My classes are pretty good.  I’m have a relatively heavy load, teaching almost every class between 6th grade and Junior (grade 11) in high school, and I’m also teaching 6 hours of English, which is my big weak point, at three different schools.  But I’ve certainly had worse teaching loads.  The good thing is the hours.  On Monday I work from 8-12, then Tuesday from 10-5 then Wednesday 8-10, Thursday 8-4, and Friday 3-5.  The good news is, when I’m not teaching, I don’t have to be there.  So, if all my planning is done, I’m free the rest of the day.  That’s nice.

Another nice thing is the pay.  If I was living anywhere but the Cote D’Azur, I’d be making good money, but here the cost of everything except groceries is so high that I’m getting by.  Not losing money, but not saving that much either so far.  But of course, the first 6 months of living somewhere is economically the most difficult, as you have a lot of expenses to soak up at first.  Still I can’t complain.

The weather, and climate, as you may have heard me mention, is spectactular, usually warm and sunny.  The Mediterranean is beautiful, and within a few miles inland, the foothills of the Alps begin.  It’s as close to rugged wilderness as you are likely to find in Europe, with all sorts of awesome extreme sports to be had, amazing Mountain Biking, hang gliding, parasailing, skiing, canyoneering, hiking, all in the shadows of quaint medieval villages.  So far, the only place I’ve seen in the world that can compare to it is the Pacific Northwest, and here isn’t that far behind it.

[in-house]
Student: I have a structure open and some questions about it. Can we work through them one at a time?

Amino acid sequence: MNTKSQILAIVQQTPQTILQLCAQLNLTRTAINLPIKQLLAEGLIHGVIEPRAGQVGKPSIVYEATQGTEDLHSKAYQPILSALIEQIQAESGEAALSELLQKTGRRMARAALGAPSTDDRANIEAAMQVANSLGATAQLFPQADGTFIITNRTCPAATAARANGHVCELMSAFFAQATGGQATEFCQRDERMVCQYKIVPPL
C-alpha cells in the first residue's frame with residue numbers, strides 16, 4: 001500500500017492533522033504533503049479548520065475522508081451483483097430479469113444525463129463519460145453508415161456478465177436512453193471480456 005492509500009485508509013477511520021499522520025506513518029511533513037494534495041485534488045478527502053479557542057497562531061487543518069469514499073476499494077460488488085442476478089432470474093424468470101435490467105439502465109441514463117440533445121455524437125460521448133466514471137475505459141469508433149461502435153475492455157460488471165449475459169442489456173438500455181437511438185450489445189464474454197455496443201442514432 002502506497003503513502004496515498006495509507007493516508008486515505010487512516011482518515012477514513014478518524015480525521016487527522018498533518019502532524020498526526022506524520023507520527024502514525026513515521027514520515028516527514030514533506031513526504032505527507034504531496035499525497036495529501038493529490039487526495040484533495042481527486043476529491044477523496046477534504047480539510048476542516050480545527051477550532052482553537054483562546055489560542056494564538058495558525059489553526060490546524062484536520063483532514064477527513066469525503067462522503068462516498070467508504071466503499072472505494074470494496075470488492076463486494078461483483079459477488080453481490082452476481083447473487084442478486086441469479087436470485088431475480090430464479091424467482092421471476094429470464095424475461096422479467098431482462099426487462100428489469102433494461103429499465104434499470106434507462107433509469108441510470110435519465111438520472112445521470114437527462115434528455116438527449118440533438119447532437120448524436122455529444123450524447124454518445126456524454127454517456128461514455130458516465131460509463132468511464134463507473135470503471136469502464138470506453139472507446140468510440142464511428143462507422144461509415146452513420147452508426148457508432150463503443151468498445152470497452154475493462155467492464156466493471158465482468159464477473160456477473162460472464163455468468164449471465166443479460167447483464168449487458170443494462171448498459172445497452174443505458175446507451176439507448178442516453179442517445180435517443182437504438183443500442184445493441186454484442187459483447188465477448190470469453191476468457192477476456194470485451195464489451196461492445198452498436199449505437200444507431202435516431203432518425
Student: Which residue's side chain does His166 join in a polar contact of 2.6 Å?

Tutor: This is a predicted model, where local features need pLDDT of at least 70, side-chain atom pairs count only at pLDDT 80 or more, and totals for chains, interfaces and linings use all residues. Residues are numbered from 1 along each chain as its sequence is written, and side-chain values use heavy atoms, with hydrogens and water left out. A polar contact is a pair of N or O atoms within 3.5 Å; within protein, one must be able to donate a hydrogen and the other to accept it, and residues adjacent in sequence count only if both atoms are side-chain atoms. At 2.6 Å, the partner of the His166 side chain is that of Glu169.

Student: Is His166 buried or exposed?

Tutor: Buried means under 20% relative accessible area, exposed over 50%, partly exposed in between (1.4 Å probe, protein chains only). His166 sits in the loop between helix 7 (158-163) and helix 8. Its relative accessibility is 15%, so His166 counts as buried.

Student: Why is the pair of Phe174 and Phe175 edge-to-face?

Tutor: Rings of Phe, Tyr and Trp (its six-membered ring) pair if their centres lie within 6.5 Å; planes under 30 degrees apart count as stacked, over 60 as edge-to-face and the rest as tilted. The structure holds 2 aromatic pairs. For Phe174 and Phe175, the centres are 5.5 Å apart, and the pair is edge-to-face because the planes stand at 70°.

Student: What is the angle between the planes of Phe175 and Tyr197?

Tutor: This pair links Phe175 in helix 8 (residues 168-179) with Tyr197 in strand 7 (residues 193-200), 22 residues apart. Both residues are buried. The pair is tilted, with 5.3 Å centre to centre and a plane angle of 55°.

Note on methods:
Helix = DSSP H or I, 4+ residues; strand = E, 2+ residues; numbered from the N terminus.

The food is decent, though you really have to put out a lot of money for a meal in a restaurant.  Most meals start at around $14 and go up.  Groceries are cheap, and you can still get good cheese, bread, wine, liquor, meat, veggies, etc.  But as far as French cooking, you need to either have a French cook for you, or go to a restaurant, neither of which I have very often.

Bars are CRAZY expensive.  A pint of anything costs at least $8-12, mixed drinks more.  So I don’t drink too much in bars.  Rent is also crazy expensive.  Studios start at about $700, and one bedrooms about $1100.

The people…well, I have to admit, in general, the people of the Mediterranean (doesn’t matter which country) are kind of stupid dicks.  If you go inland 100 miles, the people become a lot cooler and less uptight.  But the problem is this region attracts a lot of old rich people, young rich people, and working class North African immigrants, all of whom feel the world owes them something.  In general, dicks.  However, I have met a couple cool people from the region, so they do exist.  There’s jerks and cool people everywhere, in every culture.  It’s just harder to find them in some places.

Also, they drive like shit here.  They drive aggressively,  tailgate like crazy, and drive too fast, at all times.  I’m told the Italians are even worse.  Northern French drive much better than their southern cousins.  That can be a bit nervewracking while on a motorbike, and that’s why I’ll be getting a bigger engine, in order to be more maneuverable at speed.

I’ll get into the specifics of the good and bad over here later, but this is just a little catch up to speed of where I’m at.  Until next time,